As New York Jets quarterback Chad Pennington posed for photos and signed scraps of paper thrust at him following a 41-0 humiliation of the Indianapolis Colts in an AFC wild-card playoff last Saturday night, a group of his family and friends idled nearby in the cold breeze at the Meadowlands. Among them was his father, James, a Tennessee high school football coach who, in a conversation with his son four days earlier, had typically asked Chad what he had learned that day and what he had done well. Says James, "You always have to ask Chad what he did well, because he'll never tell you [unprompted]. His mistakes are what keep him up nights."
Given his near-flawless performance (19-of-25 passing for 222 yards, three touchdowns and no interceptions) against the Colts, the 26-year-old Pennington must have slept like a baby later that night. Though he insisted that his receivers made him look good, that his line deserved all the credit and that the first postseason shutout in franchise history made the offensive outburst possible, Pennington was the primary reason his team remains alive, and very dangerous, in the playoffs with a divisional-round road game against the Oakland Raiders on Sunday.
" Chad makes great decisions, and his passing touch and leadership are surprising for a guy who is so early in his career," says quarterback Vinny Testaverde, whom Pennington replaced in the lineup in early October. "He's been compared to Joe Namath and a young Joe Montana, and he's very deserving of those comparisons."
The 18th pick in the 2000 draft out of Marshall, Pennington took over a 1-3 team and led it to a 9-7 finish, including must-wins over New England and Green Bay the last two weeks of the season. He wound up with a league-leading 104.2 passer rating and .689 completion percentage. "I've had a tingling feeling since being named the starter," says Pennington, "and I've just tried to do my job ever since."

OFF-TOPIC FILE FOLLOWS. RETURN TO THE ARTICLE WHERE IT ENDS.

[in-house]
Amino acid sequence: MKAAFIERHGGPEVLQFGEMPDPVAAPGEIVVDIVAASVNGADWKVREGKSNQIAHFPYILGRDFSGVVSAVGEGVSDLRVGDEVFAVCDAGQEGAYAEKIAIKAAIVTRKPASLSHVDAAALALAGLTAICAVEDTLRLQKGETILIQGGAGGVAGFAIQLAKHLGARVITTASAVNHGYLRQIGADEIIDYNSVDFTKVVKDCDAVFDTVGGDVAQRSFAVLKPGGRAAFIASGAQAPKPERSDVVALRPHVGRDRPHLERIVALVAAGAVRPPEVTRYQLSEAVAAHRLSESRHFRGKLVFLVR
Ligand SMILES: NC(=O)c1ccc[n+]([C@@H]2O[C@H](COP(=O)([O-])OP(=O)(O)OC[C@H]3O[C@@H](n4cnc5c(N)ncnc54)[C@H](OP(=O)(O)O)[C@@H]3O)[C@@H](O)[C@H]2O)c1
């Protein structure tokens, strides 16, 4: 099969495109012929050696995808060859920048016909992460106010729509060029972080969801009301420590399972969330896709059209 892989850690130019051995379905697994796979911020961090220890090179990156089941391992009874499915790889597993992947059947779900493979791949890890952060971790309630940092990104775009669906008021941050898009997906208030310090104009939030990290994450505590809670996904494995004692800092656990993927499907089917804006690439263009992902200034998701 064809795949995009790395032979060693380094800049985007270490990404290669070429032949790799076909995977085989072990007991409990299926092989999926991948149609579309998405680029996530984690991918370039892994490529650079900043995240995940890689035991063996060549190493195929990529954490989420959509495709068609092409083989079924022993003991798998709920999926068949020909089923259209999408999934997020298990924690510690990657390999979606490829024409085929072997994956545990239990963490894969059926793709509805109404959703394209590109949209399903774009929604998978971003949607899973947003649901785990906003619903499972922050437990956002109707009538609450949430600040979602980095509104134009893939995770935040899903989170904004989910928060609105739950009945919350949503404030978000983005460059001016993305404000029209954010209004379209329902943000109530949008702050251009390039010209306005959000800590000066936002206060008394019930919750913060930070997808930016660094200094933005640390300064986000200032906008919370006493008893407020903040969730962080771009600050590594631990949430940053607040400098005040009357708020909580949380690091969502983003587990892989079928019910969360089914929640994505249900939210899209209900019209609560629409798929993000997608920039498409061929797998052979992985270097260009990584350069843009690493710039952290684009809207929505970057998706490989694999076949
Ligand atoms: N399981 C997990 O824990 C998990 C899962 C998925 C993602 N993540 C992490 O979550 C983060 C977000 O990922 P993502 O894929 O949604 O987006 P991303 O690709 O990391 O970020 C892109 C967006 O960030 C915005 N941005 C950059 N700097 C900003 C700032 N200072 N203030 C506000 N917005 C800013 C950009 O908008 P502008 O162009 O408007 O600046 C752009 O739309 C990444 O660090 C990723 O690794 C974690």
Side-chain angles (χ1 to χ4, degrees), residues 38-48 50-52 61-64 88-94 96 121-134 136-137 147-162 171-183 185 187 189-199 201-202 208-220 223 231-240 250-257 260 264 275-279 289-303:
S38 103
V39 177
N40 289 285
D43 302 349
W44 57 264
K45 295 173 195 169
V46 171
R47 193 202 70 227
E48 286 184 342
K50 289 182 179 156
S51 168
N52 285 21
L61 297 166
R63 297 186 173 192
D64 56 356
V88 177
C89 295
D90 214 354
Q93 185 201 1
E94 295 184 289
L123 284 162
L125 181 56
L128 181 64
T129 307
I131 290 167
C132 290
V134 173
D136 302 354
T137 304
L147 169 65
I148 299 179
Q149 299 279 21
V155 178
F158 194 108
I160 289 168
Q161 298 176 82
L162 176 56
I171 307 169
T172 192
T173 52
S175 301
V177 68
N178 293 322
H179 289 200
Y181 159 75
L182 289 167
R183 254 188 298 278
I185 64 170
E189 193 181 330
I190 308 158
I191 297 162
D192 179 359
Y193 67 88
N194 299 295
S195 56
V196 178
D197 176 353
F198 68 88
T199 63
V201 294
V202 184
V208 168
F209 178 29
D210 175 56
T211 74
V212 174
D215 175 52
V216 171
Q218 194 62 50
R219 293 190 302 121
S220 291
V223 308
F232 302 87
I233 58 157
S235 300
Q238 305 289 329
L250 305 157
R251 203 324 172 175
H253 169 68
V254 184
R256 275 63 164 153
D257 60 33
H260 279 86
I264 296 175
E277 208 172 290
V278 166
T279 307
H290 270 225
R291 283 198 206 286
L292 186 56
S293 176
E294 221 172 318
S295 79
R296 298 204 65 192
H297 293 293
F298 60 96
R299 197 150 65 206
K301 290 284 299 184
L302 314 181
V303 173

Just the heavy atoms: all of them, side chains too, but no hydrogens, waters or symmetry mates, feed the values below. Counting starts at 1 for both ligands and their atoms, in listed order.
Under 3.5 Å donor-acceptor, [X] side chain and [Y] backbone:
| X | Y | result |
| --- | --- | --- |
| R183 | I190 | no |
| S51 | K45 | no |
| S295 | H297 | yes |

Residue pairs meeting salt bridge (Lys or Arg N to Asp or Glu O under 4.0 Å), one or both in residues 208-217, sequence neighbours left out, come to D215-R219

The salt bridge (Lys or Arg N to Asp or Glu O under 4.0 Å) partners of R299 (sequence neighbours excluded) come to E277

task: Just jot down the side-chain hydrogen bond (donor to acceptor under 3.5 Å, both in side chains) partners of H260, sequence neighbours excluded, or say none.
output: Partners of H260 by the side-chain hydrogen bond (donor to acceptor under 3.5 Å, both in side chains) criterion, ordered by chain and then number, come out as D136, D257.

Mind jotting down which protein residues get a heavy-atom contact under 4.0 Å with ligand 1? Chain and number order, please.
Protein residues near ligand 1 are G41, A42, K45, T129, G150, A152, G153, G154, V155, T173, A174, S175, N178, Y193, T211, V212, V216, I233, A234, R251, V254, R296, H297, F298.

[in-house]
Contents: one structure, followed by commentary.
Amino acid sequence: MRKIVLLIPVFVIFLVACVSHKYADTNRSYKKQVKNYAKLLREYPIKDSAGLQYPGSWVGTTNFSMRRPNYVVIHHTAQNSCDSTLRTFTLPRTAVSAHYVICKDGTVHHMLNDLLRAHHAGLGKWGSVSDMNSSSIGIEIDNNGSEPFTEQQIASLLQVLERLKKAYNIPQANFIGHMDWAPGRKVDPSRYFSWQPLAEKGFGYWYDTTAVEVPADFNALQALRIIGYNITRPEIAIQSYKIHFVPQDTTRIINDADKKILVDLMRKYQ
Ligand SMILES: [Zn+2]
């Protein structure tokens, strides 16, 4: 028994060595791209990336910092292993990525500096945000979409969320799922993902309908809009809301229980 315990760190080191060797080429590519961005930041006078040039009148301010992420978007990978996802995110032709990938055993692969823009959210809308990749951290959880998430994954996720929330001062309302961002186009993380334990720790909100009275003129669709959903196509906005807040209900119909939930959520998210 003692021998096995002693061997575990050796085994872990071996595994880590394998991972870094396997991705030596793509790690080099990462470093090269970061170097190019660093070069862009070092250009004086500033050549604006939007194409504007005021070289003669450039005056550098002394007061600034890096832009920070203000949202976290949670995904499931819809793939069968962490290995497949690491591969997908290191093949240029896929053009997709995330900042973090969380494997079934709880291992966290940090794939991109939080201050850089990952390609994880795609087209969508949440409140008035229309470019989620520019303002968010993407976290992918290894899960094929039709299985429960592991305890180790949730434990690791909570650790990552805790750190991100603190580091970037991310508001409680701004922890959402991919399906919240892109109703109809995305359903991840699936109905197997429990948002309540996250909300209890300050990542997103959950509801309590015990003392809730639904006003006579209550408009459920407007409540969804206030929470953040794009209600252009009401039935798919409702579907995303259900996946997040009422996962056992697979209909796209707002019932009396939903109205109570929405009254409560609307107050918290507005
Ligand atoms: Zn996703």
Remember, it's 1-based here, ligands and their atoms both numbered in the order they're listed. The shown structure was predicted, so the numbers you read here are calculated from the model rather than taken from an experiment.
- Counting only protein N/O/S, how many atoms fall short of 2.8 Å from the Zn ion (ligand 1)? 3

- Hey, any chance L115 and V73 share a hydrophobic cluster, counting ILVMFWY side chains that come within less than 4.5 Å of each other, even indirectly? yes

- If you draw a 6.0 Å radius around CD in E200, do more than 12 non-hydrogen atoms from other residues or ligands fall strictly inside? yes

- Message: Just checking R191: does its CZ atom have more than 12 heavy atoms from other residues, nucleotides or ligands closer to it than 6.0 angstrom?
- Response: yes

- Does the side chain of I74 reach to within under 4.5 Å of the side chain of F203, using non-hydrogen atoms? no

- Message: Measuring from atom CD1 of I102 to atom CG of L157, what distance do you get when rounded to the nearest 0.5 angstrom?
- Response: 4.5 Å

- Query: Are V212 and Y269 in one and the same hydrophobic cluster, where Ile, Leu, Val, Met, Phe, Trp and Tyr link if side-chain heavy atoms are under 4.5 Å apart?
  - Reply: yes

" Chad isn't driven by a fear of failure," says Jets coach Herman Edwards. "He's more afraid of being unprepared, which is why he's been sitting with the coaches every Tuesday night [the players' regular off day] for the past three years, watching film, learning this offense. But as much as we trusted Chad to be the starter, we were all a bit surprised by his passion in the huddle. It was the spark we desperately needed."
Just as surprising was the sight of Pennington head-butting several of his offensive linemen before his first start, on Oct. 6, against Kansas City. It appeared to be an out-of-character moment for the soft-spoken Knoxville, Tenn., native with the gracious Southern manner and the reassuring tone of an airline pilot, but the Jets quickly discovered that such emotion is true to Pennington's nature. "His intensity caught us off guard, but we loved it," says All-Pro center Kevin Mawae. "We fed off his energy level."
Says Edwards, "When I promoted him, I told him, 'Don't look over your shoulder. This is your team now.' "
Here's how much better the offense was after Pennington replaced Testaverde: Total yards per game rose from 250 to 336, scoring jumped from 12.5 points per game to 25.8 and turnovers dropped from 2.75 per game to .67 After a 37-31 season-opening win at Buffalo, New York was outscored 102-13 in the next three games combined. The Jets outscored their last three opponents, including Indianapolis, 113-34.
Against the Colts, Pennington mixed play-action passes with a revived ground attack (180 yards on 42 carries). He connected with nine receivers. On his first throw of the day, Pennington faked a hand-off to tailback Curtis Martin, turned and found H-back Richie Anderson in the left flat; Anderson rambled 56 yards for a touchdown and a 7-0 lead. New York went on to score on six of its next nine possessions. Meanwhile the Colts controlled the ball for less than 20 minutes, just 7:44 in the second half. Peyton Manning's third straight playoff loss was his worst, as he completed 14 of 31 passes for 137 yards and threw two interceptions.
Pennington's stature grows with each game. Says Jets wideout Wayne Chrebet, " Chad has played like a guy who knows he's got the opportunity of a lifetime."